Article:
Scutaro fell behind 0-1 on a sinker that he appeared to be taking all the way. Then his plan of attack kicked into action. Remember, it was a one-strike count, so he didn’t have to protect the whole plate and could still afford to look for the ball away. Here’s Belisario’s 0-1:

It was a sinker that didn’t sink, and it looked strikingly like the pitch that Pence nearly caught with his teeth. But Scutaro, uninterested in the inside corner, had a much easier time holding up. At 1-1, he found something to his liking. You can probably guess where this pitch started:

The ball started away, and Scutaro knew it was a hittable pitch. Obviously, he didn’t hit it the way he wanted to, but you can see the philosophy at work. (Note also that Dodgers catcher A.J. Ellis set up inside—the battery knew where it wanted the ball to go, but Belisario missed his spot.)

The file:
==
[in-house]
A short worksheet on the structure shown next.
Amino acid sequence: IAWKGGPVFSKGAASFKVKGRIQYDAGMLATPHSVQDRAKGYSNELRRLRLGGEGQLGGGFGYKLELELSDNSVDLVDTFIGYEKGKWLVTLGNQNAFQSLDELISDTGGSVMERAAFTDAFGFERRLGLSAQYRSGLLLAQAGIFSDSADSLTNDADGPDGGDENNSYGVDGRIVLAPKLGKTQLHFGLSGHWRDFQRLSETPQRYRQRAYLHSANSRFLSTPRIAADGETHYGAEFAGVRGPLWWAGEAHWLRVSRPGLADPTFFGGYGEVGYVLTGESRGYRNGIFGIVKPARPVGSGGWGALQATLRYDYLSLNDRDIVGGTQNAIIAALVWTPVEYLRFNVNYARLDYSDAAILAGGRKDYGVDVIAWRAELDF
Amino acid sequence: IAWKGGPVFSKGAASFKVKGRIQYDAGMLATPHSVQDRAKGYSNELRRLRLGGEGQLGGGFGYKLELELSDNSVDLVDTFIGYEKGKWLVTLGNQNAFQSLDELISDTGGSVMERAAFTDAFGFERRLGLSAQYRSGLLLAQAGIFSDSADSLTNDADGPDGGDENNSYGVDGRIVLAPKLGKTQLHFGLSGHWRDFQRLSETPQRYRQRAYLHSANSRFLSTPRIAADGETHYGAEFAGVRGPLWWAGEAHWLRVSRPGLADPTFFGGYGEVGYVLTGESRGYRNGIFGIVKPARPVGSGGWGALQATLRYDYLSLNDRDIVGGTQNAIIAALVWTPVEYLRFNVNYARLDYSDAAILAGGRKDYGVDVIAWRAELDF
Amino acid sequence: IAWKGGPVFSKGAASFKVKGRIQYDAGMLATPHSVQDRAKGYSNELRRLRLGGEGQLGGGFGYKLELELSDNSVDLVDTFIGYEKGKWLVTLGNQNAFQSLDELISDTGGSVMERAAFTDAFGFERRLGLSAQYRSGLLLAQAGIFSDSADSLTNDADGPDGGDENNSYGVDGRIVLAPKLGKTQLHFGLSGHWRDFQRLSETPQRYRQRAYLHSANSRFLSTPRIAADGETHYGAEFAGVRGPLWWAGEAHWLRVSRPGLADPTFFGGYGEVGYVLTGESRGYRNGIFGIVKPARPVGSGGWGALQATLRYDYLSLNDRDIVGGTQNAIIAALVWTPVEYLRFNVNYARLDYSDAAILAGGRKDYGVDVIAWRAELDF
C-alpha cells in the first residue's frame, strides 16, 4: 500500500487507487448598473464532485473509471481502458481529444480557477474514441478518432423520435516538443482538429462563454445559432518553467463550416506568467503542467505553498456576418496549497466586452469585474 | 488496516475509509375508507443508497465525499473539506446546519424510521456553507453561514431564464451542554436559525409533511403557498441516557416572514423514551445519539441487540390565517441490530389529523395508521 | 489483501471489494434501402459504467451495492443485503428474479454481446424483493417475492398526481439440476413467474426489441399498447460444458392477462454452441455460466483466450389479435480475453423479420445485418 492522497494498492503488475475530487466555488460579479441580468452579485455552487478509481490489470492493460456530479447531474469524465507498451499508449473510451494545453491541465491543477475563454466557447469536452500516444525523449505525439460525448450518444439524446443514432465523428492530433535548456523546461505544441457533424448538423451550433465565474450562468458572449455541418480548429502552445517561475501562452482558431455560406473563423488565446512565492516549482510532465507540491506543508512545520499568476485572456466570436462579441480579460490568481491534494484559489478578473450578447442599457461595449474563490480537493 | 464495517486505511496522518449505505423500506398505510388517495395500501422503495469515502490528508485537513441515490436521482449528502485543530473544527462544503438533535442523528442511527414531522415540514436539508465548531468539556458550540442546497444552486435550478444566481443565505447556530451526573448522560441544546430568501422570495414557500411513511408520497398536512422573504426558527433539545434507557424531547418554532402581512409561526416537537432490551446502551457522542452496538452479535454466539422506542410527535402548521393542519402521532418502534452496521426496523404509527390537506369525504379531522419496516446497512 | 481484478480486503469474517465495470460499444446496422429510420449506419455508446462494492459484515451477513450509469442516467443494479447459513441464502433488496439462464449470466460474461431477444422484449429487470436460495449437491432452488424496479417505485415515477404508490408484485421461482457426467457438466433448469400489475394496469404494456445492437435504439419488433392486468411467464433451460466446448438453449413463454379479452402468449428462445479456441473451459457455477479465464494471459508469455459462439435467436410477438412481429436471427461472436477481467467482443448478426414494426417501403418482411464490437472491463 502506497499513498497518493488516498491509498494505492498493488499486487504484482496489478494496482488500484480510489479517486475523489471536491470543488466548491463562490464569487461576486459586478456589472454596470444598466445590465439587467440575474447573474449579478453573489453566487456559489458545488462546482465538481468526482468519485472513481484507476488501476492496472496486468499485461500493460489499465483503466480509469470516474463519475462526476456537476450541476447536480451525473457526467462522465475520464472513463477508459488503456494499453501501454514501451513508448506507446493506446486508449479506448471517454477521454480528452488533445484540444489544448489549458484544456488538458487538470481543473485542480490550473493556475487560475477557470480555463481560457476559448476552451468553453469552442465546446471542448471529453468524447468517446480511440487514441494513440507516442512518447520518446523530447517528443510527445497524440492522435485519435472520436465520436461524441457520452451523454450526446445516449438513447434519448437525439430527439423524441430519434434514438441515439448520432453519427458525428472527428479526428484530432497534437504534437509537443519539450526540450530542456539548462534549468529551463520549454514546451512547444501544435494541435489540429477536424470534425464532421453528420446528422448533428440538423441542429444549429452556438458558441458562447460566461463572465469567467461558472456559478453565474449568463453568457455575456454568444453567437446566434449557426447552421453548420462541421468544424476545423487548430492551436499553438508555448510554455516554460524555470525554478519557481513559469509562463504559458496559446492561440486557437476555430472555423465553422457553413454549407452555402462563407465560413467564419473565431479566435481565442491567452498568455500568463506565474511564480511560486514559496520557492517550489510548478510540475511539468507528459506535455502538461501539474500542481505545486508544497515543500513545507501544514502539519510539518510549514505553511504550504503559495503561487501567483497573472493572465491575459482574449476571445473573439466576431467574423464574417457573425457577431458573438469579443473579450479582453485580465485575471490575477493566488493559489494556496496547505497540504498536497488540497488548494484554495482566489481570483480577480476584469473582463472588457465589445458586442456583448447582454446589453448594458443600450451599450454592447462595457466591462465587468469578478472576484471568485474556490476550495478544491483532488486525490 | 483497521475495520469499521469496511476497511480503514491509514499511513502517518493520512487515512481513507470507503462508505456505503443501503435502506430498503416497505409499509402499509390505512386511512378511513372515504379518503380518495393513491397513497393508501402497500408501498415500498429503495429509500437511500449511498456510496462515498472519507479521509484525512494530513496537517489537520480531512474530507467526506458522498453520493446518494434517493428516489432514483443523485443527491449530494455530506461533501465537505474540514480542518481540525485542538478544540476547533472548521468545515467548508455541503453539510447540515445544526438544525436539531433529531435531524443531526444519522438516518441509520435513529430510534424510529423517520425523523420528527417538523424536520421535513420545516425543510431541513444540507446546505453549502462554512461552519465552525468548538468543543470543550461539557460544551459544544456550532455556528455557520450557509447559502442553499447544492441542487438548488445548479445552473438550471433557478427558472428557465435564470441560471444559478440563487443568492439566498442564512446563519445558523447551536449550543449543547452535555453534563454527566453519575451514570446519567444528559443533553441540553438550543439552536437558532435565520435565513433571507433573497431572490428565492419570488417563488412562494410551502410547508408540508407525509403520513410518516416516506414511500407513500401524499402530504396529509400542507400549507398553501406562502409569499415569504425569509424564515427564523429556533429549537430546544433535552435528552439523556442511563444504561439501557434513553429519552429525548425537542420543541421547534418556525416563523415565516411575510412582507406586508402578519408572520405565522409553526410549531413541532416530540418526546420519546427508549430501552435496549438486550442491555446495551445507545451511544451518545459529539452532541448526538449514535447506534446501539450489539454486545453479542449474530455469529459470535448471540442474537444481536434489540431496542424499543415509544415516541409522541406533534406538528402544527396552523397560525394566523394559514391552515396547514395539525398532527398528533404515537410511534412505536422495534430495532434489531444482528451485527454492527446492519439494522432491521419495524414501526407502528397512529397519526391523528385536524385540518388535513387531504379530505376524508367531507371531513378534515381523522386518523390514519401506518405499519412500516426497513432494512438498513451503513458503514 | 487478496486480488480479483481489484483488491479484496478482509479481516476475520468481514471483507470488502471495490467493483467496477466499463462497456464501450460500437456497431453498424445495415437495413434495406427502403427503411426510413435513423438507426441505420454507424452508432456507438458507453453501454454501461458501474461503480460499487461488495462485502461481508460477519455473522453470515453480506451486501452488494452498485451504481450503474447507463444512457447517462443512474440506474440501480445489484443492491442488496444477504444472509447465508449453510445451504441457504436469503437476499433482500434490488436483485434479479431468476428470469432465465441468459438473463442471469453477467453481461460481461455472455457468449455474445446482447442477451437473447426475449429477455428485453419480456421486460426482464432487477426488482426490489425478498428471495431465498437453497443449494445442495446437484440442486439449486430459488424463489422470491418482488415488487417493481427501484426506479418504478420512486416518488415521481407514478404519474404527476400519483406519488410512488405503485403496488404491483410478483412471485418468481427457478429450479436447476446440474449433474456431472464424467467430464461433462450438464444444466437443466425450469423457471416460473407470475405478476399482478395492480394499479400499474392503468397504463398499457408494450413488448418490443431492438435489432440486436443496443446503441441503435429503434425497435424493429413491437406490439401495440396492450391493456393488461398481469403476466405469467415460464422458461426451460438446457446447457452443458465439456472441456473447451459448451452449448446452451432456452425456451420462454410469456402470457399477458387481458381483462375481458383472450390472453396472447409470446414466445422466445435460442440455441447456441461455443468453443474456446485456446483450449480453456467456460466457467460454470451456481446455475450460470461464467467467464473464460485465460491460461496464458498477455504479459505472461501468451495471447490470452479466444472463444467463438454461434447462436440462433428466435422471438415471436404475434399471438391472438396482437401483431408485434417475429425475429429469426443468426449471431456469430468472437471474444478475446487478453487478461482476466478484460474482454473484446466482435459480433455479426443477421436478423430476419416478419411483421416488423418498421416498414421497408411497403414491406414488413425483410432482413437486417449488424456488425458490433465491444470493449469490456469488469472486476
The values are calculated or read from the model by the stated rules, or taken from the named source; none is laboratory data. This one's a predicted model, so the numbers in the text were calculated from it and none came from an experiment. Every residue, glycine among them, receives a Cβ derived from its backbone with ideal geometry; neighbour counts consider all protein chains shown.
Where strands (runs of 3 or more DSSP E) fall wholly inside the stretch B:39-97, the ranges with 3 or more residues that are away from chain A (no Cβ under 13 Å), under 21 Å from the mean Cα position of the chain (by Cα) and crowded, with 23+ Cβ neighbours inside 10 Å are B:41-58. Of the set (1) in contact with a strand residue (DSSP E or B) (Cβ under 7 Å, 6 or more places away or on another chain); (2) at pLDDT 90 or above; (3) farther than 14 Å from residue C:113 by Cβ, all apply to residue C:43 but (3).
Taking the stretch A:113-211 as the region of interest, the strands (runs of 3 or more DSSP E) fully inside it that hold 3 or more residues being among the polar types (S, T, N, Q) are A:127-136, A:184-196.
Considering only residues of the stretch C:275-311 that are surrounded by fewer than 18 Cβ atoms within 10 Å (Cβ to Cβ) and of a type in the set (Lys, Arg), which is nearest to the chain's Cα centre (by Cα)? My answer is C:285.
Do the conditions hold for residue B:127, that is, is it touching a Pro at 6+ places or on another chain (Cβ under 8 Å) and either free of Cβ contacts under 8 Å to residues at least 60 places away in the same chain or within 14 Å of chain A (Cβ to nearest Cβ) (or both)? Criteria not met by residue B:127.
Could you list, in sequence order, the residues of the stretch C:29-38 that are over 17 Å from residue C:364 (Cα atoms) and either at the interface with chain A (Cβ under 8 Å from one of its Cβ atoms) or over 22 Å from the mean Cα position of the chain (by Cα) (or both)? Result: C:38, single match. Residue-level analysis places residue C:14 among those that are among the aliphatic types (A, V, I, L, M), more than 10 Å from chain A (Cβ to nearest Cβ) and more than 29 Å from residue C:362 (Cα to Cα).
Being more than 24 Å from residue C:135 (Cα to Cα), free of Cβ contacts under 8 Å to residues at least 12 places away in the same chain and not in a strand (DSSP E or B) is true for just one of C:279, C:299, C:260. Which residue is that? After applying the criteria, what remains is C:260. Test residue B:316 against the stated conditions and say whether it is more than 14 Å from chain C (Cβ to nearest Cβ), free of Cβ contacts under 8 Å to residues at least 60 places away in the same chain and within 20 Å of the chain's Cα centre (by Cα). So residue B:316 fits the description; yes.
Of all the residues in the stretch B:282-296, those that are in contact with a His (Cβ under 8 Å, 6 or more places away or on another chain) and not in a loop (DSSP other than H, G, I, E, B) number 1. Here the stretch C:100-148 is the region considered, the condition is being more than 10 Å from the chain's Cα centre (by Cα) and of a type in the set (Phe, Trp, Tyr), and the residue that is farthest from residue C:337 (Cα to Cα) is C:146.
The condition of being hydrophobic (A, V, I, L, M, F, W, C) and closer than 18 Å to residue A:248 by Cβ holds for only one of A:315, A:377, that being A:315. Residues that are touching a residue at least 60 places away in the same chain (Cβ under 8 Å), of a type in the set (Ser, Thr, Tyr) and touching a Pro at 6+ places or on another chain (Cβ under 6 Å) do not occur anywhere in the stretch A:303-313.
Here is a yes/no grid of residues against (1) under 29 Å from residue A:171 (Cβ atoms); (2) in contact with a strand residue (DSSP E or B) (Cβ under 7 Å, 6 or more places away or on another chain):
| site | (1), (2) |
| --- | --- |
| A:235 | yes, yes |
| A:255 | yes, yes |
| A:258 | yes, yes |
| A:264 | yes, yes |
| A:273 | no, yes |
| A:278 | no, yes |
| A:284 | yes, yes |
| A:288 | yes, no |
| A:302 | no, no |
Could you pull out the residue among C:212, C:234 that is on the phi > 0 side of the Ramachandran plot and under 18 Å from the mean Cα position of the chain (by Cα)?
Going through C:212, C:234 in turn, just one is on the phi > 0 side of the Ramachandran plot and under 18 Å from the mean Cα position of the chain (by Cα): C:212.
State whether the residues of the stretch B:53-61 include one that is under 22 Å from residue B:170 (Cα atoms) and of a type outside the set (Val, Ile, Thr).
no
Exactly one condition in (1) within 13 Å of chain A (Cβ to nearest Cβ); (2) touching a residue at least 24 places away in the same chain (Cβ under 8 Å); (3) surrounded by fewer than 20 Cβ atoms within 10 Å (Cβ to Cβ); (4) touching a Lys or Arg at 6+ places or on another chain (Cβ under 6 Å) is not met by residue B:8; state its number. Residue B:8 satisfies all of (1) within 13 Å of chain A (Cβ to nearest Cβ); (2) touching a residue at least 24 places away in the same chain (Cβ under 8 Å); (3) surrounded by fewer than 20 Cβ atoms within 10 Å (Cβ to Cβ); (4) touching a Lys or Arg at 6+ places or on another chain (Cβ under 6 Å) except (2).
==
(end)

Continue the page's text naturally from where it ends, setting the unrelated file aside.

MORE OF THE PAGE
The plan changed with a two-strike count, but Scutaro fought his way to a full count before displaying incredible plate discipline in a situation where one could have actually excused a check-swing strikeout. Having seen 12 straight sinkers—five to Pagan and seven more himself—and hitting in front of the meat of the order in a situation where Belisario would have been eager to avoid a walk, Scutaro could not have considered the slider a very likely option. But Belisario broke off a hellacious one anyway. Watch what happened:

Not even a wobble of the front knee! When the ball started over the plate, Scutaro must have been thinking his bat would be in a million pieces if he didn’t bring his hands through quickly, but then… nothing. It was a remarkable showing from a guy who (as Dan Brooks noted on Twitter recently) is leading the bigs not just in fewest whiffs per pitch seen but also in fewest whiffs per swing. He’s an incredibly smart hitter, and on Saturday, he showed us why.